Lewis returns to the article and quotes a "Mr Derwish" who gives a description of the causeway, subway, shafts and chambers. The description is essentially the same as that quoted on page 1 from "Excavations At Giza" volume 5 by Dr Hassan. Derwish additionally mentions finding a fine statue head with expressive features while clearing the southern part of the subway. Lewis says he has seen a photograph of the statue and attributes it to the time of Amenhotep IV (Akhnaton) by reason of its artistic style. Akhnaton favoured an artistic depiction of subjects, as can be clearly seen by his own statues in the Egyptian Museum in Cairo. It is unclear whether the photograph is part of the article or a separate item. Lewis seems to be using "context" to associate the location with the time of Akhnaton, one of the traditional leading lights of the Rosicrucian Order, AMORC.

Lewis states that a description of the chambers is given in the article. It is said to include references to inner courts, outer courts, a Chapel of Offering and another chamber "much like a burial chamber but undoubtedly a room of initiation and reception." This initiation room is said to contain a large white sarcophagus of Turah limestone at its centre. Walls are described as being beautifully painted and magnificent carved figures are mentioned as being present throughout the complex. The photographs accompanying the article are said to clearly depict the style of art associated with Akhnaton's reign.

Lewis tells us that Dr. Hassan's latest report contains many other interesting facts. He also thinks that the existence of the passageways and chambers helps to verify the existence at least in part of a network of tunnels and chambers as depicted in the book.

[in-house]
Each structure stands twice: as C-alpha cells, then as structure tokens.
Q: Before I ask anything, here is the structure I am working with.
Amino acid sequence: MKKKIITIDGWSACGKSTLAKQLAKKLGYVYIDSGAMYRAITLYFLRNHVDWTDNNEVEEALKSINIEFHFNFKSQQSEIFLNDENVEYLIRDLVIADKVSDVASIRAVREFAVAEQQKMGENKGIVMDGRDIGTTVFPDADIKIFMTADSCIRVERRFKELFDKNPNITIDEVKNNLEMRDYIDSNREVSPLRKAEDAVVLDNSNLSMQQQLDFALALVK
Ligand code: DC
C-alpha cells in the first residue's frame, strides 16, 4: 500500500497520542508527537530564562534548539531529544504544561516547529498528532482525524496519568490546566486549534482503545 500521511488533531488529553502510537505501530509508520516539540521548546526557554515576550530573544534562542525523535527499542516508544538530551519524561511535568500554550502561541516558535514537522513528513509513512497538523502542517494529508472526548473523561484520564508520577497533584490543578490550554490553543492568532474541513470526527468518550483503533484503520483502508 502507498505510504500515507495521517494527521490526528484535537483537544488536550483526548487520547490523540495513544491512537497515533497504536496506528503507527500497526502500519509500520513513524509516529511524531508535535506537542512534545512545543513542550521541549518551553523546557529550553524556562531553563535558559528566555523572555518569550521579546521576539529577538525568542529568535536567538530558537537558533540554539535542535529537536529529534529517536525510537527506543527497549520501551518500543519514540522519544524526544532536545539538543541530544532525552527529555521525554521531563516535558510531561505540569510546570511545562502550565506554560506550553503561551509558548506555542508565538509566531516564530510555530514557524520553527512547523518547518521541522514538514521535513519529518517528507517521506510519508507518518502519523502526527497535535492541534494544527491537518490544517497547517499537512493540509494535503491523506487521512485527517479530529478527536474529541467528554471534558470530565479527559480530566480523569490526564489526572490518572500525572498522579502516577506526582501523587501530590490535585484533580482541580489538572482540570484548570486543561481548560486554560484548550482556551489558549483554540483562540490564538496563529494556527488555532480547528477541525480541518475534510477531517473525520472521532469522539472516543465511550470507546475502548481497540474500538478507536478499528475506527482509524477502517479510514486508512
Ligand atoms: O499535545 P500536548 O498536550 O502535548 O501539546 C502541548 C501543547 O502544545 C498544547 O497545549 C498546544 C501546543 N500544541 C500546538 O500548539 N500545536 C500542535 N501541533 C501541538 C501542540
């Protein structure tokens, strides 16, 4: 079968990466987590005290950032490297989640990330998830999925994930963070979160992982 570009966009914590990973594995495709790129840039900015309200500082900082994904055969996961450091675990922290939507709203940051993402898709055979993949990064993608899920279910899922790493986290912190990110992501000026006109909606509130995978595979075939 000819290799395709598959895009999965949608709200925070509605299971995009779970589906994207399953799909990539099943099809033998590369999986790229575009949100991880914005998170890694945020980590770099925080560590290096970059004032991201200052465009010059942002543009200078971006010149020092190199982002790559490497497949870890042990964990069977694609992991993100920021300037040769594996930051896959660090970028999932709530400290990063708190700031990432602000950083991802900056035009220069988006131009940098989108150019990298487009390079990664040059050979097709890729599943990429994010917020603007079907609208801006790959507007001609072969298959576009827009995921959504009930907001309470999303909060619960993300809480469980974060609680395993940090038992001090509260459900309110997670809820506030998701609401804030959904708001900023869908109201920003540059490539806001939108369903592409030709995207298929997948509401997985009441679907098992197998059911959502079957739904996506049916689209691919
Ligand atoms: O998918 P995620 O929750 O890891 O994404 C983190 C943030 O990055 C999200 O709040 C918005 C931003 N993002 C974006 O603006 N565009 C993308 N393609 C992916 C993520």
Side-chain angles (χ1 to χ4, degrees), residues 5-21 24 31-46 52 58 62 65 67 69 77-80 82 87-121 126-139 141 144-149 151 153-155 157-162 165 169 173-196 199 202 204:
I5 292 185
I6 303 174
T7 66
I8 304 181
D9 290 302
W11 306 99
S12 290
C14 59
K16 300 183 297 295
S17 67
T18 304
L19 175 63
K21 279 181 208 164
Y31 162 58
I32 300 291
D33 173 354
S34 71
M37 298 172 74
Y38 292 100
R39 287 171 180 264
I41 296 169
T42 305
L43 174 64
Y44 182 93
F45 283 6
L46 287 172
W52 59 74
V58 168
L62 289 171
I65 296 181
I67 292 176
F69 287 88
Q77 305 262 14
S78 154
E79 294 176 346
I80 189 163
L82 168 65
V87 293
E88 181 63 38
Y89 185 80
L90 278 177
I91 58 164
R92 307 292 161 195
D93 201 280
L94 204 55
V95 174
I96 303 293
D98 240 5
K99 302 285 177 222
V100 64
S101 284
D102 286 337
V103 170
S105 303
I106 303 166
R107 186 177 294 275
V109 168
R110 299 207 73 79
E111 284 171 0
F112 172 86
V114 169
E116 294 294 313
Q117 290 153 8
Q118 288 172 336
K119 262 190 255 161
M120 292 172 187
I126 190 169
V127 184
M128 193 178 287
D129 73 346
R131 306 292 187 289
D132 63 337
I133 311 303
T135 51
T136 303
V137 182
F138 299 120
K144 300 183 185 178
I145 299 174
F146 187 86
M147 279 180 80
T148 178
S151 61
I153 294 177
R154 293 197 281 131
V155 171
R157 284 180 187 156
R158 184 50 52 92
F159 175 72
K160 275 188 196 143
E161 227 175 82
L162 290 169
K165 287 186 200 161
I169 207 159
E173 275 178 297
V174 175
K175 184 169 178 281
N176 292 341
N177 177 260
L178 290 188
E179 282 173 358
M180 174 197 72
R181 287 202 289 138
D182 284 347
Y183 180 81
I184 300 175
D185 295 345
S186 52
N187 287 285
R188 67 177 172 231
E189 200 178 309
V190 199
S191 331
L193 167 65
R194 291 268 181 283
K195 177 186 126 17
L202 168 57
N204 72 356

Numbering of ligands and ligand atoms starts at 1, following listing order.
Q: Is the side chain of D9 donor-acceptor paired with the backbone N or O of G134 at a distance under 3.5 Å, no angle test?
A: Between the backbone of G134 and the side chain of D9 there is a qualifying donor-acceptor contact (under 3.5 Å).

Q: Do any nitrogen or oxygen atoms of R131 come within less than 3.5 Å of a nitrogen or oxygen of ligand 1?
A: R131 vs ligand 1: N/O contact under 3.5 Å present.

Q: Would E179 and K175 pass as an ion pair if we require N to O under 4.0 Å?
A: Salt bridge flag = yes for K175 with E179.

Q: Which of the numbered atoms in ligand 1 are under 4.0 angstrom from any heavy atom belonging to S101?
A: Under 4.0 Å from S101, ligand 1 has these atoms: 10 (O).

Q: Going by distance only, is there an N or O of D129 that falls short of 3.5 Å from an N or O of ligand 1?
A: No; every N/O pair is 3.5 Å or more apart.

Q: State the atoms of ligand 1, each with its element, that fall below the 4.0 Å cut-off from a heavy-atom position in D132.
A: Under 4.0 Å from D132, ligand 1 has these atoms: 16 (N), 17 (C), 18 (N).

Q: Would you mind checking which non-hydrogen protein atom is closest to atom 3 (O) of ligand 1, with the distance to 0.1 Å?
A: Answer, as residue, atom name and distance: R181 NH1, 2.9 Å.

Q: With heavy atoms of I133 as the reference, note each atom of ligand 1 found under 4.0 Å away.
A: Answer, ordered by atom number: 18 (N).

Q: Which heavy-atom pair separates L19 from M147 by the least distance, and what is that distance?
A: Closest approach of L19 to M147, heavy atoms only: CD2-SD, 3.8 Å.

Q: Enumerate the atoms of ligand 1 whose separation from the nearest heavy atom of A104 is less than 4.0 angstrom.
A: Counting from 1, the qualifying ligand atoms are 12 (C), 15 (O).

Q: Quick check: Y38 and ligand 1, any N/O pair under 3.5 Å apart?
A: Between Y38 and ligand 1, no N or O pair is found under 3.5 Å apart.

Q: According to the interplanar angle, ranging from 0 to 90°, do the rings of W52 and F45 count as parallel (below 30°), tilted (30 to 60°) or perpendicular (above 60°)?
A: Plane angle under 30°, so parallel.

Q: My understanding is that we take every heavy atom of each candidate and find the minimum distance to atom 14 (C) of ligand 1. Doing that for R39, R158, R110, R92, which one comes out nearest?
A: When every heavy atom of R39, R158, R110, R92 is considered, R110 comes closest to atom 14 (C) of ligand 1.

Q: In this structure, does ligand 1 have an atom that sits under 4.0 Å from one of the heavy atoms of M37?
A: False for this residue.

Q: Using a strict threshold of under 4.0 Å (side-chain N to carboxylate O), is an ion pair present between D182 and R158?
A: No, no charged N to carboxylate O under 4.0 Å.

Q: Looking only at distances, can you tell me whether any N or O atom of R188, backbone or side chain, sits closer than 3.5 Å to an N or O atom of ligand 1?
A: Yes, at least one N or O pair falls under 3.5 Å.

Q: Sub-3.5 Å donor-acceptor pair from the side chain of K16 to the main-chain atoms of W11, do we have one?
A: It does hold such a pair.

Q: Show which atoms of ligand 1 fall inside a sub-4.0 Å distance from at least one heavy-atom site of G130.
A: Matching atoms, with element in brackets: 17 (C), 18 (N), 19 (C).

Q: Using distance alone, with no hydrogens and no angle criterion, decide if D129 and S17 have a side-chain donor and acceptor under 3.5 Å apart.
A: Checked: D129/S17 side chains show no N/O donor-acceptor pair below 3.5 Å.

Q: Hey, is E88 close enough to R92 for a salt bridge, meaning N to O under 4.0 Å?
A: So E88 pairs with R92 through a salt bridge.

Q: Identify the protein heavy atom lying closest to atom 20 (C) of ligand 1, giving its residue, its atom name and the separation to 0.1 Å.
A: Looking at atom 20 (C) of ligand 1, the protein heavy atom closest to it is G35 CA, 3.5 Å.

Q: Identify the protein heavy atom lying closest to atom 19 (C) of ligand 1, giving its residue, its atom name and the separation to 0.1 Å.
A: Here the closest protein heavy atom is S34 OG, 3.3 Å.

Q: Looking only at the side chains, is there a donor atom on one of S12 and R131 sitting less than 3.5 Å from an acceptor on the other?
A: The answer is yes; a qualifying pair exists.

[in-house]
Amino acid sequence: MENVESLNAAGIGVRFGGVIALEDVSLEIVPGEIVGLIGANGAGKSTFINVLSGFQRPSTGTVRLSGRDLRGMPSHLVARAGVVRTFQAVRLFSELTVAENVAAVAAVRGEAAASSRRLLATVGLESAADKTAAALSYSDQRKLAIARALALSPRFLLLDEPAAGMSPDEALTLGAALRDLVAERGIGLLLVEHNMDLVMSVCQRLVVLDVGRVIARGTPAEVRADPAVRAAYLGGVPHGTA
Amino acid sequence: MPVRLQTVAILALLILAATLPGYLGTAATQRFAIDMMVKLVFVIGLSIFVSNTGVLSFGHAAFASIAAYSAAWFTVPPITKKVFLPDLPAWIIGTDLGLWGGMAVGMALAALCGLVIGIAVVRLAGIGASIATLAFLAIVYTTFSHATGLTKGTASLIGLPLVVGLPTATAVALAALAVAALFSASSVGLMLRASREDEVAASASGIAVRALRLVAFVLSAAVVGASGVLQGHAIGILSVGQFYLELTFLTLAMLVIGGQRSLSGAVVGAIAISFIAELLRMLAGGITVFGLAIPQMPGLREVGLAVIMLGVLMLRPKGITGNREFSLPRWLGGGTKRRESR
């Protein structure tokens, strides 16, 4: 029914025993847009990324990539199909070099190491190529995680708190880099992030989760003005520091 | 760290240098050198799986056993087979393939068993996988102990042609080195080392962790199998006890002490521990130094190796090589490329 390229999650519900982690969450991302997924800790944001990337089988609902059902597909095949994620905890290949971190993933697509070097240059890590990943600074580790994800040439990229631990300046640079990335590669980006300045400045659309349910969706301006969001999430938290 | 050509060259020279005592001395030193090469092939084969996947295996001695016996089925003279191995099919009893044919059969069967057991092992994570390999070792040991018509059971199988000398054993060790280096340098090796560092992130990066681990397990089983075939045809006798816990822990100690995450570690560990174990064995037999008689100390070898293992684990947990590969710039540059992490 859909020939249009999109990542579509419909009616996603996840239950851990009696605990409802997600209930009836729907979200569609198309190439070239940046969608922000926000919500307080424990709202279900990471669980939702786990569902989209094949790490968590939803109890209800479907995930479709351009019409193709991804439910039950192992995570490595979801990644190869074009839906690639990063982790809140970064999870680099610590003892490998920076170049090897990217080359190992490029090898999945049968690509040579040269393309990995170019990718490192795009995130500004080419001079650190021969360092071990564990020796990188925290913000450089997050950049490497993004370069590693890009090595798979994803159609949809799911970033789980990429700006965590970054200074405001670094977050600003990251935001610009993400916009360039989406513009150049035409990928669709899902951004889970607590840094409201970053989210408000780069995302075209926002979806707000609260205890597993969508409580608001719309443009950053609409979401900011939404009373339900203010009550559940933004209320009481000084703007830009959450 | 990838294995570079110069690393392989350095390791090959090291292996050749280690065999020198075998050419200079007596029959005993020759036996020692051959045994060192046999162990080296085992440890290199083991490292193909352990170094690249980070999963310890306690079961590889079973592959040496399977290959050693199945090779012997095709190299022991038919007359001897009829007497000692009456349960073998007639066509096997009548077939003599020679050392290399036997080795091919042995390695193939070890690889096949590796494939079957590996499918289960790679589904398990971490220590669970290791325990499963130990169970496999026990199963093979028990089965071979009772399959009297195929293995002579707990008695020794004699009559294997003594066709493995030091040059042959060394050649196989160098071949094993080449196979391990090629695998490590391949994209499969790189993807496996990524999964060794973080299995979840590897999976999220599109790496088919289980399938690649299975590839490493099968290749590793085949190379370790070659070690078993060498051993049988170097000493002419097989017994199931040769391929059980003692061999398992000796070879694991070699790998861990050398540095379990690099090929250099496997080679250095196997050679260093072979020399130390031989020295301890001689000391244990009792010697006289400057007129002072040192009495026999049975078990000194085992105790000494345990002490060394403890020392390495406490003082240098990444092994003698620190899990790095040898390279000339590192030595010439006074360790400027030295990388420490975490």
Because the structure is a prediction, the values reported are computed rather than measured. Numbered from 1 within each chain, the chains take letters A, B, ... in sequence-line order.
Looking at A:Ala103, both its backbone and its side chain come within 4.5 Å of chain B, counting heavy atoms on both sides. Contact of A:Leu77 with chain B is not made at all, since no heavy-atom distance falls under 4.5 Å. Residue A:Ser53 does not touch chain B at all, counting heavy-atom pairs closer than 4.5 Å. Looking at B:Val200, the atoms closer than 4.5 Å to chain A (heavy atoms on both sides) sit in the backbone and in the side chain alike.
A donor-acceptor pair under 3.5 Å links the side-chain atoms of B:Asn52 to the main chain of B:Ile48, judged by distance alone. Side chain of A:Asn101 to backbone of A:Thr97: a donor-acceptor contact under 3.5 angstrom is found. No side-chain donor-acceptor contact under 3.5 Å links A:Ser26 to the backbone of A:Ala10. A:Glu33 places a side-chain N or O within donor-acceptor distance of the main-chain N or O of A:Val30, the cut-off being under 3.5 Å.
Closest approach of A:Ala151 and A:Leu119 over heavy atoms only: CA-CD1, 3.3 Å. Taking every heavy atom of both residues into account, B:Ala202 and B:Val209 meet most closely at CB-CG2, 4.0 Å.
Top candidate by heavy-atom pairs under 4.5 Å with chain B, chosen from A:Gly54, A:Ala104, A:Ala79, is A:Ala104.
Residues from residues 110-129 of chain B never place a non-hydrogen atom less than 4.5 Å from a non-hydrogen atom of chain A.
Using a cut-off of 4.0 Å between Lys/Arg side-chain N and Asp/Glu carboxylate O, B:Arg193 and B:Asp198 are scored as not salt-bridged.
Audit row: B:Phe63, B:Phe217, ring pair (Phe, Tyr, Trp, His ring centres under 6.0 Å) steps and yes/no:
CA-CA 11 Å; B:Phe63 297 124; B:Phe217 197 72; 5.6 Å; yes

In closing, Lewis states that Dr. Hassan has removed rare specimens of art and relics from the chambers and that he (Lewis) hopes some of the items will be exhibited in the Rosicrucian museum. It would be interesting to know where they are now, and also what happened to the fine statue head said to have been found in the subway.

Matters Arising...

The location as described in the appendix seems at first glance to follow the gist of the descriptions given by other reporters. Differences start to appear with the reference to Mr Derwish relating the discovery of a fine head of a statue in the southern part of the subway. Dr. Lewis uses the style of this item and the decorative features described in Wright's article to link the location with the time of Akhnaton, a figure of major significance to the Rosicrucian movement. The main questions to be answered to resolve the differences between Dr. Lewis' account and the facts on the ground were (i) what decorative features were visible at the time of the discovery by Hassan, and (ii) what artifacts were recovered from the chambers and where are they now? It would seem that the man with the answers is Mr. Hamilton M. Wright.

Looking For Mr. Wright...

the grillIt is unfortunate that the most elusive item to date has been "a magazine edited in Egypt, and more or less privately published in London, dealing with Egypt and its explorations." Hamilton M. Wright's article and pictures, said to have been published in January 1935, could answer many questions. For example, neither the Daily Telegraph report of March 1935, nor Dr. Hassan in his brief reference in "Excavations...", nor the recent accounts of Boris Said or Dr. Zahi Hawass make any reference to decorative features in the chambers, and there are certainly none to be seen in the slides Dr Hawass uses when describing the location in his lectures. On the other hand, Wright's article is said to describe rich decorations and magnificent carved figures. At the time back in 1998 when I first wrote this section, it seemed that the only way to identify the locations referred to by Lewis was to find the missing article. The accompanying photographs would clearly indicate the state of the chambers at the time of their discovery by Selim Hassan, show some of the items found, and hopefully solve the puzzle.